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White, monogrammed tablecloth belonging to the family of a German Rabbi

Object | Accession Number: 2018.290.1

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    White, monogrammed tablecloth belonging to the family of a German Rabbi
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    Overview

    Brief Narrative
    Finely woven, linen tablecloth, embroidered with the initials of Martha Wilde, wife of Rabbi Georg Wilde, who fled Germany in 1939. Rabbi Dr. Georg Wilde attended the Jewish Theological Seminary in Breslau, Germany (now Wroclaw, Poland), and received a doctorate in 1901. He married Breslau-born Martha Spitz, and the couple moved to Magdeburg. In 1906, Georg began serving as rabbi for the largest of Magdeburg’s three congregations, the Synagogen-Gemeinde zu Magdeburg. During World War I, Georg served as a field rabbi and presided over both Jewish and interfaith burials. While in Magdeburg, Georg functioned as an integral leader of the Jewish community, and belonged to a number of Jewish organizations and welfare associations. The morning following Kristallnacht in November 1938, Georg was arrested and learned that his synagogue had been targeted for destruction. Holy texts were burned, valuables looted, and explosives ignited inside. He was soon imprisoned in Buchenwald concentration camp. While on the train to Buchenwald, Georg threw postcards addressed to his wife out the window at multiple stops, one of which made it back to her. After eleven days of harsh treatment, lack of nourishment, and poor sanitary conditions, Georg was released on the condition that he would prepare to emigrate from Germany. During Georg’s imprisonment, Martha contacted the Chief Rabbi in London, who aided their passage to England in March 1939. The couple lived in Middlesex county and Cambridge, and became active in their new Jewish community.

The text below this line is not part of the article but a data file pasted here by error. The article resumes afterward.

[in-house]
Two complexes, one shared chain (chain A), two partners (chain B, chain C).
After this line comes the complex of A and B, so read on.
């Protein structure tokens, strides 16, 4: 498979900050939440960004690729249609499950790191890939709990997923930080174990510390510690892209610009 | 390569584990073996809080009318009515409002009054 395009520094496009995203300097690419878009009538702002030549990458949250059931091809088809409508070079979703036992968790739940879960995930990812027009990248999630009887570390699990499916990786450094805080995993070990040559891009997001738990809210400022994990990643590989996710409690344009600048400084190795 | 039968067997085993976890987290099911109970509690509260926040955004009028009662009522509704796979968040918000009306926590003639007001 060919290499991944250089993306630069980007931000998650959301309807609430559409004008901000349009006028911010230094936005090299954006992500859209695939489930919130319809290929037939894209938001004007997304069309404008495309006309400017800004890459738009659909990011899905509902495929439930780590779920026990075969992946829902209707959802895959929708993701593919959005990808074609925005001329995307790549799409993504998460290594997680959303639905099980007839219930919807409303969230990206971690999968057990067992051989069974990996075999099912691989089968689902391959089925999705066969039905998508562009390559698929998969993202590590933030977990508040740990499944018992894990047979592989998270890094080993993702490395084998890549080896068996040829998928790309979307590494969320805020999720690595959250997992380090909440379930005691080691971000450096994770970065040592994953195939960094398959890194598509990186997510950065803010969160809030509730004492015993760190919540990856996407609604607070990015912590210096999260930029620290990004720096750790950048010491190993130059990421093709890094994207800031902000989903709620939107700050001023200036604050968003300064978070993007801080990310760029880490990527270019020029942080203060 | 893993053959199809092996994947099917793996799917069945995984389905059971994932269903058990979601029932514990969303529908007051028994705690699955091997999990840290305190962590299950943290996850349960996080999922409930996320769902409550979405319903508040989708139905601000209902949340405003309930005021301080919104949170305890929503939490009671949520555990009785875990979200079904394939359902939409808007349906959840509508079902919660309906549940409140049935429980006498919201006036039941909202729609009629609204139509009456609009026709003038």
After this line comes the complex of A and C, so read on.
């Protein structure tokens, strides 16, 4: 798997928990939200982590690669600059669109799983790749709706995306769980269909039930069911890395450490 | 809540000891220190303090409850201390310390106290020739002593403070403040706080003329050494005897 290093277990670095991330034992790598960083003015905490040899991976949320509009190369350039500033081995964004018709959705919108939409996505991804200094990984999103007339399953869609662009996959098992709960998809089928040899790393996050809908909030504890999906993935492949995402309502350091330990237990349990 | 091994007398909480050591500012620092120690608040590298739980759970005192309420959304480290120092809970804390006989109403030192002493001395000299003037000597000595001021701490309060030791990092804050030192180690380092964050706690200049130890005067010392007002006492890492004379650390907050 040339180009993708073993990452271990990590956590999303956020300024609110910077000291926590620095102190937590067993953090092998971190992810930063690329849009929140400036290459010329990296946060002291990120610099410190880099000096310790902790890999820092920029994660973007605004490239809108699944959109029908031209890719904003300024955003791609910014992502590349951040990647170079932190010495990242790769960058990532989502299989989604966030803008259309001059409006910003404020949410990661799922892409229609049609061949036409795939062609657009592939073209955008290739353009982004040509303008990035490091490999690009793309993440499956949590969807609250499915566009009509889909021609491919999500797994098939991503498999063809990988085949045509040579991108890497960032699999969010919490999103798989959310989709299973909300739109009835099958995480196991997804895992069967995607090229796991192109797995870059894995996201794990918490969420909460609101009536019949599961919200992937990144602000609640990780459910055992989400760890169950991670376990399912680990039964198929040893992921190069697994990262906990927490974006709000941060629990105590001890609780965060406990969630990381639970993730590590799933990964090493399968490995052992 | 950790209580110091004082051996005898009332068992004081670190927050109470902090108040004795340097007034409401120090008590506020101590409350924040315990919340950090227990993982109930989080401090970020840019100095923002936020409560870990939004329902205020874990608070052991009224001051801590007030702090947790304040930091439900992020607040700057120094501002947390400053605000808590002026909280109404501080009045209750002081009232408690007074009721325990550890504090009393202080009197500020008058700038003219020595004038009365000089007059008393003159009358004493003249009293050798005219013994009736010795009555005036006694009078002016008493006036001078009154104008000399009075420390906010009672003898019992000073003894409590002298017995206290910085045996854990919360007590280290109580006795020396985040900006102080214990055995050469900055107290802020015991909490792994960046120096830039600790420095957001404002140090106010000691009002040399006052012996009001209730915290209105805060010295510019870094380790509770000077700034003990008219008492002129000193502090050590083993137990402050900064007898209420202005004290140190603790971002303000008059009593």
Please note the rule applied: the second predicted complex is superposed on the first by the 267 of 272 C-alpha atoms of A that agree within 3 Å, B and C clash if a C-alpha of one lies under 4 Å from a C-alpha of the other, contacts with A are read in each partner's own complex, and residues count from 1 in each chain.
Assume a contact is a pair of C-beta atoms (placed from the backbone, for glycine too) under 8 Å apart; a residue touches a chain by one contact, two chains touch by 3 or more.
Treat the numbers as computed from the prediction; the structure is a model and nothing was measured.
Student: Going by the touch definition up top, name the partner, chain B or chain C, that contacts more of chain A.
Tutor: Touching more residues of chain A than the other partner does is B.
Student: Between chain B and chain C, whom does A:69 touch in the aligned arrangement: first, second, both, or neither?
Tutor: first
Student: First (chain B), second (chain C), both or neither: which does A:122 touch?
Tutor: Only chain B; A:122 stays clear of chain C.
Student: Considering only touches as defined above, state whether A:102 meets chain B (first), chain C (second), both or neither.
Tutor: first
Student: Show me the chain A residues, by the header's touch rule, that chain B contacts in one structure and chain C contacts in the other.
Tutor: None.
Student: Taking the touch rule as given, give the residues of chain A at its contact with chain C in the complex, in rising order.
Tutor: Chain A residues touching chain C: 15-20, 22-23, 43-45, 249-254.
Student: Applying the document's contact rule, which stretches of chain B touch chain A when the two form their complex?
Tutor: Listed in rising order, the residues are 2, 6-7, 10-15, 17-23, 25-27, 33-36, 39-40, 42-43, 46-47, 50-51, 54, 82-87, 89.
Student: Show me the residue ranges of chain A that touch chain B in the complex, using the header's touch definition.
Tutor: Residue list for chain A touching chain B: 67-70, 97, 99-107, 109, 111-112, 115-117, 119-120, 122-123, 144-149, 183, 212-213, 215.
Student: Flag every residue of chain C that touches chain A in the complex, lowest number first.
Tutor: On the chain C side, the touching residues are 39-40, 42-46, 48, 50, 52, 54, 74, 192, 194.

Date
    use:  before 1959
    Geography
    use: Europe
    Credit Line
    United States Holocaust Memorial Museum Collection, Gift of Elizabeth Irene Newhouse
    Contributor
    Subject: Georg Wilde
    Original owner: Georg Wilde
    Biography
    Rabbi Dr. Georg Wilde (1877-1949) was born to Louis and Therese (nee Bab) Wilde in Meseritz-Stadt, Germany. He had three brothers, Max (1875-?), Alfred (1879-1880), and Albert (1882-1916). In 1897, he began studying at the University of Breslau and attended the Jewish Theological Seminary in Breslau (now Wroclaw, Poland), earning a doctorate in 1901.

    Georg married Martha Spitz (1888-1959), who was born in Breslau to Baruch (1854-1932) and Elise Spitz (1859-1942). Martha had one sister, Hedwig (later Schüler, 1890-1975). George and Martha moved to Magdeburg, a city west of Berlin with almost 2,000 Jewish residents. On August 1, 1906, Georg began serving as rabbi for the largest of Magdeburg’s three congregations, the Synagogen-Gemeinde zu Magdeburg. During World War I, which spanned from 1914 to 1918, Georg served as a field rabbi and presided over both Jewish and interfaith burials.

    While in Magdeburg, Georg functioned as an integral part of the Jewish community. He was a member of the Allgemeiner Rabbinerverband Deutschlands (General Rabbi Association of Germany) and the Vereinigung der liberalen Rabbiner Deutschlands (Association of liberal rabbis of Germany). Georg also served as president of the Mendelssohn Loge and as president for the Provinzial-Verband für jüdische Wohlfahrtspflege (Provincial Association for Jewish Welfare), which spearheaded economic initiatives in response to the Nazi restrictions on Jewish economic life. The association also became the major source of welfare assistance to the Jewish community in Magdeburg. In addition to Georg’s activities, Magdeburg also had a Jewish school, several Jewish youth clubs, over 400 Jewish-owned businesses, and many Jewish professionals. While the ties among the Magdeburg’s Jewish community were strong, they were largely assimilated into the larger city culture, and Georg held a deep-seated German-Jewish identity.